A RICO claim is broad but a RICO conspiracy claim is even broader. Anyone who agrees or conspires to pursue the same criminal objective can be held liable for a RICO violation. Salinas v. United States, 522 U.S. 52, 63-64 (1997). “If conspirators have a plan which calls for some conspirators to perpetrate the crime and others to provide support, the supporters are as guilty as the perpetrators.” Id. at 64. A conspirator must simply intend to further an endeavor which, if completed, would satisfy all elements of a civil RICO claim. Id. at 65; see also CGC Holding Co., LLC v. Broad and Cassel, 773 F.3d 1076, 1088 (10th Cir. 2014) (one conspires to violate RICO by adopting the goal of furthering the enterprise, “even if the conspirator does not commit a predicate act”); United States v. Godwin, 765 F.3d 1306, 1324 (11th Cir. 2014); United States v. Godwin, 765 F.3d 1306, 1324 (11th Cir. 2014) (“[i]n proving the existence of a single RICO conspiracy, the government does not need to prove that each conspirator agreed with every other conspirator, knew of his fellow conspirators, was aware of all of the details of the conspiracy, or contemplated participating in the same related crime”); United States v. Kamahele, 748 F.3d 984, 1006 (10th Cir. 2014) (stating that “the Government does not need to prove that each defendant personally committed two predicate acts to prove a RICO conspiracy” and that “[t]he focus of this element is on the particular Defendant’s agreement to participate in the objective of the enterprise to engage in a pattern of racketeering activity, and not on the particular Defendant’s agreement to commit the individual acts”); United States v. Zemlyansky, 908 F.3d 1, 10 (2d Cir. 2018) (stating that “a jury’s finding that a defendant did not commit certain substantive crimes does not necessarily preclude the government from later proving that he or she knowingly agree to facilitate the racketeering scheme involving, or intending to involve, the same substantive crimes”). Thus, there are two ways to effectively defend against a RICO conspiracy claim: 1) the defendant must prove he never intended to further the criminal endeavor; or 2) the defendant must prove that the endeavor did not satisfy the elements of a civil RICO claim. Because the first defense is fact based, it is seldom an appropriate defense to raise in a dispositve motion. The best way to undermine a claim for conspiracy on a dispositive motion is to undermine the legal sufficiency of the allegations supporting the substantive offense. See Howard v. American Online Inc., 208 F.3d 741, 751 (9th Cir.), cert. denied, 531 U.S. 828 (2000) (a claim under section 1962(d) may not stand unless the plaintiffs can sustain a viable claim under another subsection of section 1962); Grubbs v. Sheakley Group, Inc., 807 F.3d 785, 806 (6th Cir. 2016) (“[t]o state a claim for RICO conspiracy, one must successfully allege all the elements of a RICO violation, as well as an illicit agreement to violate the substantive RICO provision”); Cisneros v. Petland, Inc., 972 F.3d 1204, 1220 (11th Cir. 2020) (“parties cannot be found guilty of conspiring to commit an act that is not itself against the law”).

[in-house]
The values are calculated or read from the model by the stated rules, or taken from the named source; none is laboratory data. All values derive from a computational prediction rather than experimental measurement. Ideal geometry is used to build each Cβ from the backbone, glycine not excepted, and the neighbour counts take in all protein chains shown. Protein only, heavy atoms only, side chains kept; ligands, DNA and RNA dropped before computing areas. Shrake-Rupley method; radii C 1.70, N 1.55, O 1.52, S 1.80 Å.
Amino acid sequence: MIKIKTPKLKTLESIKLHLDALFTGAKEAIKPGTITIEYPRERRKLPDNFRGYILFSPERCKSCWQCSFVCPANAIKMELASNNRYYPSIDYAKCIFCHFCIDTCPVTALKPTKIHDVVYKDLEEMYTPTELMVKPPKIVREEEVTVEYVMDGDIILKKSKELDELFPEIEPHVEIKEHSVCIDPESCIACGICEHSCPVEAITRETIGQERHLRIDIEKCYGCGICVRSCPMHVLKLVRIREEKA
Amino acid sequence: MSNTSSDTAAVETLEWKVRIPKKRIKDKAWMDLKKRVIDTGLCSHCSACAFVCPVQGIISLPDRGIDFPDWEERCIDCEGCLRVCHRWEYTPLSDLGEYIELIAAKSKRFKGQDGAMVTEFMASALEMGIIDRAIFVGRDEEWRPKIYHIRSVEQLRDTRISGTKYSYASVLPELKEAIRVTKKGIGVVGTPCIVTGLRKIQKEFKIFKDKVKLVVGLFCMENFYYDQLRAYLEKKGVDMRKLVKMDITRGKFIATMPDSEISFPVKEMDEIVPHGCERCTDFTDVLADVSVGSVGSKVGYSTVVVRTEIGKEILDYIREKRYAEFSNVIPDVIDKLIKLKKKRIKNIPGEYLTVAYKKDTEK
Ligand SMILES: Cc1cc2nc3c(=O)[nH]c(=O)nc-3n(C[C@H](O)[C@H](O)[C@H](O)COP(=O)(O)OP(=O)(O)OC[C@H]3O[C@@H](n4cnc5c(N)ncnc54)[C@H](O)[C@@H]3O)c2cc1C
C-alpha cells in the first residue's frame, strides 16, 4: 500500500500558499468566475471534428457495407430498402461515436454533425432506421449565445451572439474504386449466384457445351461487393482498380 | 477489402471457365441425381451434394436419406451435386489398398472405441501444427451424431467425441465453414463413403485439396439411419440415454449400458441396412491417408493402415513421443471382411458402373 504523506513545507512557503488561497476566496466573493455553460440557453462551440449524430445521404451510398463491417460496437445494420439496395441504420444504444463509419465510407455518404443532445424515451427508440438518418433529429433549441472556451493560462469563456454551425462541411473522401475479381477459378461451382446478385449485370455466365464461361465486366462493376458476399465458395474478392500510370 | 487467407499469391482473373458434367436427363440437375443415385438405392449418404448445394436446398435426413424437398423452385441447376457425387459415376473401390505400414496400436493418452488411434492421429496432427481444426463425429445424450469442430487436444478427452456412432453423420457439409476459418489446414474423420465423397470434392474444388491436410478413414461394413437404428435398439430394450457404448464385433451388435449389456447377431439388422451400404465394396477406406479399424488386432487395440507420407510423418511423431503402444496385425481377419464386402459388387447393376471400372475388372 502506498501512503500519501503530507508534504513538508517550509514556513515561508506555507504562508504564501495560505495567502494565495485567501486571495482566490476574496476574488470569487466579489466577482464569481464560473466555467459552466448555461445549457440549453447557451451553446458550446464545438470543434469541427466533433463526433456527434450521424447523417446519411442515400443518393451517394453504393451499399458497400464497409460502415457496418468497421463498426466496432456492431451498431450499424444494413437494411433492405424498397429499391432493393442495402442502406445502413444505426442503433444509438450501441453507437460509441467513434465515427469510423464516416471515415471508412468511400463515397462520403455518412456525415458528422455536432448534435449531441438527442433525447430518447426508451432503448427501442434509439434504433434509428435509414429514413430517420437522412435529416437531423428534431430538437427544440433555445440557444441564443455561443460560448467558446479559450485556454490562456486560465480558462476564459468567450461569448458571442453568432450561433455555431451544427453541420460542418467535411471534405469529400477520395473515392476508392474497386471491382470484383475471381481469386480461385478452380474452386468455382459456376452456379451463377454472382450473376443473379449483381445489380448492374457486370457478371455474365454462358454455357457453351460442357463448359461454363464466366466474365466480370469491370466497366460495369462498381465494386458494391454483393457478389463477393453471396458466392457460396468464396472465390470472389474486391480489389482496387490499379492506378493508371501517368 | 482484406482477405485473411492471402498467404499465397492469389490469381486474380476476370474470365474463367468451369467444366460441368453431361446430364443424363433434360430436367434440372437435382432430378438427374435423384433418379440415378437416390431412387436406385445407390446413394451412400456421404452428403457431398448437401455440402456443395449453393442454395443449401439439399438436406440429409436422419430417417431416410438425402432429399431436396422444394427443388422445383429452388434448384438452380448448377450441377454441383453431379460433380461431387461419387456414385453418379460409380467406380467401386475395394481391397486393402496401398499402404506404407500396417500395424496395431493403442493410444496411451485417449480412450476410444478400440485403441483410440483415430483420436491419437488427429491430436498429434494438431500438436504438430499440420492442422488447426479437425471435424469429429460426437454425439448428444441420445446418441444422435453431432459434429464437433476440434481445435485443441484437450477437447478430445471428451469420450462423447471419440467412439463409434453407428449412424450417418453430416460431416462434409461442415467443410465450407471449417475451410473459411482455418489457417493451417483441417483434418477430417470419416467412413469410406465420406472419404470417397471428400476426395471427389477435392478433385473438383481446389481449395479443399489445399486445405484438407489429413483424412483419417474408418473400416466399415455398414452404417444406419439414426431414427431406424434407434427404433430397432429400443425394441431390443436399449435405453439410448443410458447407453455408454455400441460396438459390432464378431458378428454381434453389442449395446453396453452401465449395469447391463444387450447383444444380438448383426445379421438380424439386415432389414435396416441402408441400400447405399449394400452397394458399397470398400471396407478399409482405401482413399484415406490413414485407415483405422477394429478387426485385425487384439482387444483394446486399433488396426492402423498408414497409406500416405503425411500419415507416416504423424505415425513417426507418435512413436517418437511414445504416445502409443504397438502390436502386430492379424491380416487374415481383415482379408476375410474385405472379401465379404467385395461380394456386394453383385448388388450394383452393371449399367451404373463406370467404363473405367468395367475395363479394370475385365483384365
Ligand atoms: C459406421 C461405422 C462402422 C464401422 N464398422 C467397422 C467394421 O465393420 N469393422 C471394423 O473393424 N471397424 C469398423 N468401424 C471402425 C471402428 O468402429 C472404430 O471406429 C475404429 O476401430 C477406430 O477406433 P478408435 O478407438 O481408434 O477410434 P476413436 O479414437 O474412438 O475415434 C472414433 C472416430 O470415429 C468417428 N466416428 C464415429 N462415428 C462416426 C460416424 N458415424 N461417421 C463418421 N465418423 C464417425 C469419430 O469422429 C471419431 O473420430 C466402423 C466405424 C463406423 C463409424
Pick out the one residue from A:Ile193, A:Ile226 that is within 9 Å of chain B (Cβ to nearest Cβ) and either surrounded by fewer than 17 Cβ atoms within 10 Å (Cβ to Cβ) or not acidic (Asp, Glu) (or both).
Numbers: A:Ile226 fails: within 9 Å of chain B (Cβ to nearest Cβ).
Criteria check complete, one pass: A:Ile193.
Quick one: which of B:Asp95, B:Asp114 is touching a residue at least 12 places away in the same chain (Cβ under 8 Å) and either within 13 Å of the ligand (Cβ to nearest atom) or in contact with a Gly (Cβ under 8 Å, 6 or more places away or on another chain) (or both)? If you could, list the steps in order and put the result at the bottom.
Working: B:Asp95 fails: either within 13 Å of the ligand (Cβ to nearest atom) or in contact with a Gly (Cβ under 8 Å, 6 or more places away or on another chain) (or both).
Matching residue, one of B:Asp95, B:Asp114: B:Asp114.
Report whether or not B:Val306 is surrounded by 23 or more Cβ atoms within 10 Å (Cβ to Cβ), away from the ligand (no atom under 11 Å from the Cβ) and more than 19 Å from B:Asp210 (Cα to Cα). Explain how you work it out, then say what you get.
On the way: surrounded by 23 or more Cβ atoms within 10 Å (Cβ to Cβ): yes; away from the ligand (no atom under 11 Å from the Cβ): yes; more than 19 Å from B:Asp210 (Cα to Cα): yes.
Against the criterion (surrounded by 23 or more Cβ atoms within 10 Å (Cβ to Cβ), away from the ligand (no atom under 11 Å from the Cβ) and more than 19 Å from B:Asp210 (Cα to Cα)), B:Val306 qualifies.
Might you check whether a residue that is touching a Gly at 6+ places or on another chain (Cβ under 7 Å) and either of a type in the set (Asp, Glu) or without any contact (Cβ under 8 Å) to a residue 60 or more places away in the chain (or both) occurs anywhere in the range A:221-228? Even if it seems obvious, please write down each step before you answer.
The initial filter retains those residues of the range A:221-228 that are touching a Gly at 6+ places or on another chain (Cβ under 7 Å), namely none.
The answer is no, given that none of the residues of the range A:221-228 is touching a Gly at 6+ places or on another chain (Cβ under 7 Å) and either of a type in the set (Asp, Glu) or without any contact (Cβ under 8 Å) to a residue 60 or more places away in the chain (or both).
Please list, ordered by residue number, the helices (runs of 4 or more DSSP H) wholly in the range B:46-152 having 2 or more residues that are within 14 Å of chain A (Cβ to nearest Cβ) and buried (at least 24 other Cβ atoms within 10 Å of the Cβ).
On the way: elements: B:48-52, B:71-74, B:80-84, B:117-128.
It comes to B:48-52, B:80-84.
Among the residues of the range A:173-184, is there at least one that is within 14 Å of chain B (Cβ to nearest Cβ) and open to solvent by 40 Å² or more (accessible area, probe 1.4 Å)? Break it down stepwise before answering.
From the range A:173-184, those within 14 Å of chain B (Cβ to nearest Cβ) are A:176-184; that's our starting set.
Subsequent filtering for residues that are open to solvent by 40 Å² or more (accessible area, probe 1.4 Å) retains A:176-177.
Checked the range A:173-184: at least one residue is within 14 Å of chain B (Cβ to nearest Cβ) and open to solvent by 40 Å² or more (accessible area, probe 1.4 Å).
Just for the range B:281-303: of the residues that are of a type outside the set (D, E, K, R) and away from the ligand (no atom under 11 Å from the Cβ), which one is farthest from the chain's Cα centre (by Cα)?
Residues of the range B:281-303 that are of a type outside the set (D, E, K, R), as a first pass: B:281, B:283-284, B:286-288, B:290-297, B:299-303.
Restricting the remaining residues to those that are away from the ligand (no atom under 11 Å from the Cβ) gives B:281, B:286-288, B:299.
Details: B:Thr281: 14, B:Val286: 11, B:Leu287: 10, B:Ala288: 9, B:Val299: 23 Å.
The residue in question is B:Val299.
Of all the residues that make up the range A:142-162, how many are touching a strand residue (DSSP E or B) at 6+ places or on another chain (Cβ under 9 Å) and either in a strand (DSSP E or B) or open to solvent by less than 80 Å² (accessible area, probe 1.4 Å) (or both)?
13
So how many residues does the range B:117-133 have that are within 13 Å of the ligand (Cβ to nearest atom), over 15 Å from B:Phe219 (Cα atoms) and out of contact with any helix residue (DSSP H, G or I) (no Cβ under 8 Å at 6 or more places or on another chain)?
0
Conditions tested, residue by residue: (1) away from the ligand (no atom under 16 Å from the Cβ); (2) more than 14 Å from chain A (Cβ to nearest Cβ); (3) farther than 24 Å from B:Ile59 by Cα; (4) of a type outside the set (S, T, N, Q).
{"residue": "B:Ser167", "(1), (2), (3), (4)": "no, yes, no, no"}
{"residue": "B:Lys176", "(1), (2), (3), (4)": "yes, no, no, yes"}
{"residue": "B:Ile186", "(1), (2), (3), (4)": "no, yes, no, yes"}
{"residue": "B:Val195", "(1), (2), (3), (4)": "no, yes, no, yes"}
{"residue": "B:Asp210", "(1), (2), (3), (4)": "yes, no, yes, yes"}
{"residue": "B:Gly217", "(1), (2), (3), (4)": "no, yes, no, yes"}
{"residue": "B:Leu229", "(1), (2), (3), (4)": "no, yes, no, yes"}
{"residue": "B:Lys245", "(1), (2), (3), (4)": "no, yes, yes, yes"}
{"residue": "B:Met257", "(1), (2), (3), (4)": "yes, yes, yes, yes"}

Just as an attorney may operate and manage an enterprise in violation of section 1962(c), attorneys may be held liable as conspirators where they “cross the line” and become part of the criminal organization itself, as “its consigliere and fixer.” United States v. Farrell, 921 F.3d 116, 139 (4th Cir.), cert. denied , 140 S. Ct. 269 (2019).
A RICO plaintiff does not have standing to bring a RICO claim under section 1962(d) unless it is injured by an act of racketeering. For example, in Beck v. Prupis, 529 U.S. 494 (2000), the plaintiff was an executive who allegedly discovered that his corporation was engaged in a scheme to defraud regulators, shareholders and creditors. The plaintiff claimed that when he discovered the scheme and threatened to expose the conspiracy, he was terminated from his job and thereby sustained his own financial loss. The question was whether the plaintiff sustained a compensable injury since his wrongful termination (although not an act of racketeering itself) occurred in furtherance of the defendants’ efforts to conceal the conspiracy to defraud regulators, shareholders, and creditors. The Supreme Court held that the plaintiff lacked standing, stating: “a person my not bring suit under section 1964(c) predicated on a violation of § 1962(d) for injuries caused by an overt act that is not an act of racketeering or otherwise unlawful under the statute.” Id. at 507; see also Davis-Lynch, Inc. v. Moreno, 667 F.3d 539, 551-52 (5th Cir. 2012) (plaintiff was not entitled to summary judgment where it failed to allege or establish an injury caused by an act of racketeering).
In 2002, Congress enacted the Sarbanes-Oxley Act (“SOA”) to address growing concerns about the reliability and accuracy of disclosures made by publicly-traded corporations. DeGuelle v. Camilli, 664 F.3d 192 (7th Cir. 2011). The SOA also added violation of 18 U.S.C. § 1513(e) as an act of racketeering upon which a RICO claim can be predicated. Section 1513(e) prohibits retaliation against any person who provides to a law enforcement officer any truthful information relating to the commission or possible commission of a federal offense. As a result, if an employee is injured by reason of a pattern of racketeering that results in his or her retaliatory discharge in violation of section 1513(e), that discharge may now confer standing on the employee to bring a RICO conspiracy claim against the individuals who engaged in the retaliatory actions. Id.